What’s Your Credibility Factor?

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As part of my series of guest posts from colleagues here is contribution from Kim Foley, president of Professional Image Strategies. Kim teaches credibility workshops for organizations, as well as being a television stylist and author. In a world filled with casual Friday attire, I though she could shed some light on the relationship between branding and credibility.

Everyday my challenge is to help my clients be seen as the credible experts they are. Whether my client is on the cover of a magazine or professional journal, being interviewed on television, or executing a presentation or speech, it is critical that their visual message supports and enhances their verbal message. Think about it – have you ever been watching a TV interview and wondered, “Where in the heck did they dig this person up?”

Your credentials and reputation are only part of the story when it comes to credibility and branding. It is far too easy to dismiss those who do not conform to the picture we carry in our heads of a credible person. All societies and tribes have cultural, unspoken rules about what communicates integrity, and garners trust from those around us. Everyday we all have the opportunity to either enhance or to sabotage our personal brand. The hard truth is – it is impossible to inspire or persuade others if they do not see us as having credibility.

The fight or flight reaction is still part of our primal response. The result of this response in modern times is to either confront or disengage from those whom we do not trust. Everyday in the workplace there are lost opportunities and derailed dreams all because of a person’s credibility. Those with questionable credibility will not get the job promotion they are seeking; those running for office will not get elected; and those trying to sell, persuade or lead will be left feeling confused about why they are powerless.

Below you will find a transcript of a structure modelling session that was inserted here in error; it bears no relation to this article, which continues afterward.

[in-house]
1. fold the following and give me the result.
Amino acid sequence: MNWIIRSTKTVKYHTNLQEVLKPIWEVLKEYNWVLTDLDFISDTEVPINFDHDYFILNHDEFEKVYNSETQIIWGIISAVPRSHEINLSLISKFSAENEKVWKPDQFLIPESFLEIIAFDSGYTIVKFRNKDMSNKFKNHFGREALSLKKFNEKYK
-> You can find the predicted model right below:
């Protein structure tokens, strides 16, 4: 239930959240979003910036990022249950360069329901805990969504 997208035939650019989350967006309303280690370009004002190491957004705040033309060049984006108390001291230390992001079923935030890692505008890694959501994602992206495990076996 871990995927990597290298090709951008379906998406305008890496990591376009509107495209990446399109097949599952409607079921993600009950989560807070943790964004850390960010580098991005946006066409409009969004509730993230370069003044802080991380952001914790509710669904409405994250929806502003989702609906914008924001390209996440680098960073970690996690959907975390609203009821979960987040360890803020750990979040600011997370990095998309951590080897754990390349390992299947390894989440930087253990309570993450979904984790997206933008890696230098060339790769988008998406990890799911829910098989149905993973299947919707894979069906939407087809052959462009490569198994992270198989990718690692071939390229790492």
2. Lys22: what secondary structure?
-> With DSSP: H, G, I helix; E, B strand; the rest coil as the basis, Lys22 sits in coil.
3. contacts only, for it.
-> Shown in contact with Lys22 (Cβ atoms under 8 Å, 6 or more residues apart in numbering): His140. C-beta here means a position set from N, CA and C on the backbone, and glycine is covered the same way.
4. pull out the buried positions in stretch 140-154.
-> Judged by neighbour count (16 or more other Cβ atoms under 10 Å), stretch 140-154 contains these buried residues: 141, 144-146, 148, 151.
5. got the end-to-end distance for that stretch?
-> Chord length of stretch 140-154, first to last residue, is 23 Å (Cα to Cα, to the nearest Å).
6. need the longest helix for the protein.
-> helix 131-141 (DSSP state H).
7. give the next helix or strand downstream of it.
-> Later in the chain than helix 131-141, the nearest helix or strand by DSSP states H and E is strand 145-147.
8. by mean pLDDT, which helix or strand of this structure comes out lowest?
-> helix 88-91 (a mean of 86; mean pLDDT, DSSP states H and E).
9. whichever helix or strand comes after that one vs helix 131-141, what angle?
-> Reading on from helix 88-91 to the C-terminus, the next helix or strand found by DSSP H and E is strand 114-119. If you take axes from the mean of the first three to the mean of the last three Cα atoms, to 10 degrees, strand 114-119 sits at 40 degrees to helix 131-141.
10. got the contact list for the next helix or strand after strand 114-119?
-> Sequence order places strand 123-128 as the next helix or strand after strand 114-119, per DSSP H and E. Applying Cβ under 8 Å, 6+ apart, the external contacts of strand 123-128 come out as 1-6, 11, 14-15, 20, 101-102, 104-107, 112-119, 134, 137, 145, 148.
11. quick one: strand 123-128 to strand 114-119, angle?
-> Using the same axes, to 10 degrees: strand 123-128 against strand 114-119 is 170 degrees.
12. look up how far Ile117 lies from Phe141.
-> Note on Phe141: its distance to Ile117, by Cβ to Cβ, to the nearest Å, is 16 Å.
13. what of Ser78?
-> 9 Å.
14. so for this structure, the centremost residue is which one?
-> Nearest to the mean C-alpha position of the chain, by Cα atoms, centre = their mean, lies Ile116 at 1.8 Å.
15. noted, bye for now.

So how do you assess your own credibility factor, or the credibility factor of those who are representing your organization? Here are some questions to ask yourself:

  1. What is driving your ‘look’? Is it style? Comfort? Or is it (as it should be) credibility. Successful people are intentional about their choice of clothes, shoes, hairstyle and accessories, and credibility is their motivator.
  2. What are the cultural expectations for your profession or position? When you are introduced to a person of influence, do you fit their view of what a “_____” should look like? Is your look too casual? Is your wardrobe up to date?
  3. Do you understand the subliminal statements of color? Everything from the color of your tie to the color of your organization’s logo should be chosen with care. They are making impressions on the minds of those you meet, visit your websites and receive your brochures. What is the message you want to communicate? Is it strength and power? Is it reliability and trust? The color and design you choose will either support or negate that message.
  4. Do you know what your clothing is saying? Your outward appearance is like the frame on an artist’s masterpiece. It should be complementary, without distracting the eye of the viewer. You want them to remember you, not what you were wearing. Your visual message must support your verbal message.

The assumptions that people make about us when we are first introduced are critically important. These assumptions, or stories, that are constructed in people’s minds, strongly influence whom they do business with, whom they take seriously and whom they desire to build a relationship with. We need to take control of that story. We need to carefully craft the message that we project.

If we want people to perceive us as a person or an organization of value and integrity, someone they can trust, then we need to understand the value of appearance when we are planning and implementing branding. When we don’t take the time and effort to create the visuals that match the message we desire to portray, we make a subliminal statement to everyone around us about how little value we place on ourselves and the organization that we represent.  When we acknowledge the role appearance plays, we can support our personal and professional brand.

–Kim Foley

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